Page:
Put the horse back in front of the cart
There are a few startups, Automated Insights, we’ve developed the technology to produce human-sounding written stories from sports data. We showed off this technology by launching over 800 websites, one for every college and pro baseball, basketball, and soccer team in the United States, plus a few for some of the top players. We’ve automated these websites with new content up to five times a day: game recaps, previews, players of the week, history, and more.
Truly. Scary. Cool.
And completely unnecessary, as we were to find out, because all of these teams had human writers writing stories about them. Except for a few of the smaller colleges, who actually started writing press releases when we named one of their players “player of the week” for their equally small conference.
Why? These schools did not have human writers at the games.
What if we automate stories in situations where you could not have a human writer?
That’s when we started doing fantasy football on Yahoo and NFL.com. Nerdy little matches and draft recaps that you can still read today, 10 years later. Then we quit the sport and started writing articles on small public company quarterly earnings reports for the AP, allowing them to cover hundreds of companies each quarter instead of dozens.
Have you ever read an article about a quarterly earnings report from a lower-level public company? Boring death. But absolutely unavoidable for the thousands of shareholders of each of these companies.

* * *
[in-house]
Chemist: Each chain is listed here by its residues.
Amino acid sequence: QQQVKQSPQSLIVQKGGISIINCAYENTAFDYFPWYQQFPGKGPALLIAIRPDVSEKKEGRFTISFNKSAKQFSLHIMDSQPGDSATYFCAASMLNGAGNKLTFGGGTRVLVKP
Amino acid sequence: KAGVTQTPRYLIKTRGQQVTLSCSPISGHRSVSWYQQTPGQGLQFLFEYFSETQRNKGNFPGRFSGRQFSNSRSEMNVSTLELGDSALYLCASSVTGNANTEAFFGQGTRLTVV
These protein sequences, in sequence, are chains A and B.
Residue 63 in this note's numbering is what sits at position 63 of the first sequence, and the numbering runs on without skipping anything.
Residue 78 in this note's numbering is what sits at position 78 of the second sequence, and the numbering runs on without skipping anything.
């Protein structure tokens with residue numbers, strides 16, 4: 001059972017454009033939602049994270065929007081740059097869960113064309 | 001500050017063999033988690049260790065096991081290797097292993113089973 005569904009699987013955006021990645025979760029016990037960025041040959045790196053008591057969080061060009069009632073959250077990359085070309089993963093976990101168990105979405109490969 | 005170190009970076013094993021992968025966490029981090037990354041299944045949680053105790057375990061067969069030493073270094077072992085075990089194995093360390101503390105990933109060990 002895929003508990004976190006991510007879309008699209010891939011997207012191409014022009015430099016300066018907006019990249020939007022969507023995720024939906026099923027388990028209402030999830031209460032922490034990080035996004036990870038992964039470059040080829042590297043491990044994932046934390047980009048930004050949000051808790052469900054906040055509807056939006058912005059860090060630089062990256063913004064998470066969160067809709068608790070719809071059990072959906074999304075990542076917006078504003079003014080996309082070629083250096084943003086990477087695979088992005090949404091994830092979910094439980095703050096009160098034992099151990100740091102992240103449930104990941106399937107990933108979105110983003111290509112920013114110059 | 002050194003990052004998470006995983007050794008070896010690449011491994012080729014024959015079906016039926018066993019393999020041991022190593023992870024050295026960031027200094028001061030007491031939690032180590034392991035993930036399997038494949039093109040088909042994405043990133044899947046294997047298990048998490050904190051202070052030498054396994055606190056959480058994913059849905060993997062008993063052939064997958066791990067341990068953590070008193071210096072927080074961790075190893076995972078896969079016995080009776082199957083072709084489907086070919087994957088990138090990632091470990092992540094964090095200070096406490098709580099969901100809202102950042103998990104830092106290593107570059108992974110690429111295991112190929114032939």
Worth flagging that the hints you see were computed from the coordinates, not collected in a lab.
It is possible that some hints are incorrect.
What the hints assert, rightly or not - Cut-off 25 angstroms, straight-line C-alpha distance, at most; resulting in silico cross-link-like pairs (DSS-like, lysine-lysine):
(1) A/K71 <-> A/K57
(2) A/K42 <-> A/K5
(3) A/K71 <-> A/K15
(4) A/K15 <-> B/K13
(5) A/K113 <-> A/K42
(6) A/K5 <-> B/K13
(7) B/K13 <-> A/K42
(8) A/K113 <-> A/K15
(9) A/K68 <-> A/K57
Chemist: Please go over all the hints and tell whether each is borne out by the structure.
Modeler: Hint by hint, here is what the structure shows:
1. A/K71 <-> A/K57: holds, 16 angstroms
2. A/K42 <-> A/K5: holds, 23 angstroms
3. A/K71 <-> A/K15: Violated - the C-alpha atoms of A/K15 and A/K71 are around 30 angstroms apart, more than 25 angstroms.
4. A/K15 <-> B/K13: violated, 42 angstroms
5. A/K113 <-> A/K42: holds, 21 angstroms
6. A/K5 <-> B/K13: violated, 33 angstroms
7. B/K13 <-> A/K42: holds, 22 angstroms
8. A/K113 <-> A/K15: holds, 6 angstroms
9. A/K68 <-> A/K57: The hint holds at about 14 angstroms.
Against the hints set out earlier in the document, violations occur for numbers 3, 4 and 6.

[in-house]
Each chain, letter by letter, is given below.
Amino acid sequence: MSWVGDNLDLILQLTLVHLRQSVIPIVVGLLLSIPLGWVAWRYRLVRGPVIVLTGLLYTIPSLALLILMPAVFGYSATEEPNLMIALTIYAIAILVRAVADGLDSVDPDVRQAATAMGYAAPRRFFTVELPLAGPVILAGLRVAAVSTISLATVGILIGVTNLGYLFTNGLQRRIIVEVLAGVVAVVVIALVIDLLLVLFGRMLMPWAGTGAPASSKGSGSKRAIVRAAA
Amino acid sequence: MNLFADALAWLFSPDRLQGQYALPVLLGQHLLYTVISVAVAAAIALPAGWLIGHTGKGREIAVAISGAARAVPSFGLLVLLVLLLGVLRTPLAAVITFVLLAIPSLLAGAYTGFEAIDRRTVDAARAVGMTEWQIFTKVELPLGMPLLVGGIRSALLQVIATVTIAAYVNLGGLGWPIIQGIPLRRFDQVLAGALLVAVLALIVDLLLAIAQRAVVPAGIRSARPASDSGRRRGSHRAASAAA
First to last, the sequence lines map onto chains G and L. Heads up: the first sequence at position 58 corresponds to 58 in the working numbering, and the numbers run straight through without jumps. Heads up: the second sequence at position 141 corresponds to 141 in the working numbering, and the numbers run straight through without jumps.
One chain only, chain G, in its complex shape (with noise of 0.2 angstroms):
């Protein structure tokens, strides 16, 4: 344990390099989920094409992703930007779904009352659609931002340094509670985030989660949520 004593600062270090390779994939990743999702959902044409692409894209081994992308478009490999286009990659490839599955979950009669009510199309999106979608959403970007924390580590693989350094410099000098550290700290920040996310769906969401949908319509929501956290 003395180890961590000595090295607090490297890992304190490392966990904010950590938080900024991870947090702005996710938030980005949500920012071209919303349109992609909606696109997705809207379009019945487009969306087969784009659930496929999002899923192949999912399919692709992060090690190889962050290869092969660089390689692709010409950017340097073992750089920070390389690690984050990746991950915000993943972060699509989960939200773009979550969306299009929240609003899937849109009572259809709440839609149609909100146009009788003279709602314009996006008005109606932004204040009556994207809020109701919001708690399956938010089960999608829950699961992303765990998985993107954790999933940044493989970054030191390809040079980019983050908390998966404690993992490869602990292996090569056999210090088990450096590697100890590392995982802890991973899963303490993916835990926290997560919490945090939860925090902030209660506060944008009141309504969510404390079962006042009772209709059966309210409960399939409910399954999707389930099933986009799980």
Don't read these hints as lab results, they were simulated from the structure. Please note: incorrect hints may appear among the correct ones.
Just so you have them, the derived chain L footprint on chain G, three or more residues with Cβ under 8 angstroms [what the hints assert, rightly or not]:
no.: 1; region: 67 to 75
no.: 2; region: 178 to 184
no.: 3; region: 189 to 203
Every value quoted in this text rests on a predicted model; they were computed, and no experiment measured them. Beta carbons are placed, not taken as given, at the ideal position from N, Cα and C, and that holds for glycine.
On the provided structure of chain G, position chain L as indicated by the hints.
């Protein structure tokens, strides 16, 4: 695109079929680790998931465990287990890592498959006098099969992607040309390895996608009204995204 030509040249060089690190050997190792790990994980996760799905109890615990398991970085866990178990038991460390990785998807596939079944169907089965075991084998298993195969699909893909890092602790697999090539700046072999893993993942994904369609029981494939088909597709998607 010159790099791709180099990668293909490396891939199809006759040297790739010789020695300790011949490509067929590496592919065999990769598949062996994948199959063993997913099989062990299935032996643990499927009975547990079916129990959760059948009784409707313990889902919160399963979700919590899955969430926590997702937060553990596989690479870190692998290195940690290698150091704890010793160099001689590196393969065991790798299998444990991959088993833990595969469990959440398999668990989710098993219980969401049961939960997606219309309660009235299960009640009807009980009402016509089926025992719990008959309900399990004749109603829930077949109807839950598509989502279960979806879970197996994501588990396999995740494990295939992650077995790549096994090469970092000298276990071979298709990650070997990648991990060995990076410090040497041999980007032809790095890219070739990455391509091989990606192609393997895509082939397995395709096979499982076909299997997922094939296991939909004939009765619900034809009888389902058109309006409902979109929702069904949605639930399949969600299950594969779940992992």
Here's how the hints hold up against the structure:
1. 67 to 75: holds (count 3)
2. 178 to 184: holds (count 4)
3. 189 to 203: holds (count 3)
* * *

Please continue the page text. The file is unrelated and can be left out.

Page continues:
The gap between actionable and informative
What we learned then still rings true to me today. Just because you can automate, replace or offer an alternative to something does not mean that you should.
Customers don’t want Following choices, they want to have confidence in the choices available to them. One way to provide this trust is to provide actionable use cases instead of informative use cases.
What I learned was that automating stories about professional baseball games was very cool, but only offered information – and in most cases, information that was already available a bit more later and a bit more in-depth. On the other hand, the automation of stories on quarterly earnings reports gave clients a matrix to decide whether to sell, hold or buy a stock.
Make it useful, make it simple, make it sticky, in that order
One of my favorite ways to exhibit utility is with the traffic light concept. A red light is not sexy. It’s boring, possibly one of the most boring things you’ll ever come across. But a red light will save your life, and a world without traffic lights is a world of chaos.
A traffic light encapsulates utility in a product. It quickly, accurately and boldly dictates the actions you need to take. The traffic lights do not light up in hot pink, rose gold and a little blue. They don’t blink.
Now, not all products fit the traffic light paradigm, but each product has an actionable utility that must be clear to the customer. And most products are useful in different ways for different customers.
That’s where simplicity comes in, and it’s very, very difficult to extract simplicity once the flash is applied. It’s the same reason why simplifying our own lives is so difficult – we’ve already wrapped ourselves in complications. It is much easier to start simple than to go back to simple.
So start with useful, then simplify. Everything else after that is marketing, and all your answers about adoption and engagement will come from the market. You just need to get there first.
Once you have a product your customers can’t live without, you can focus on turning that product into the new thing everyone’s talking about. Then you have a chance for long-term success.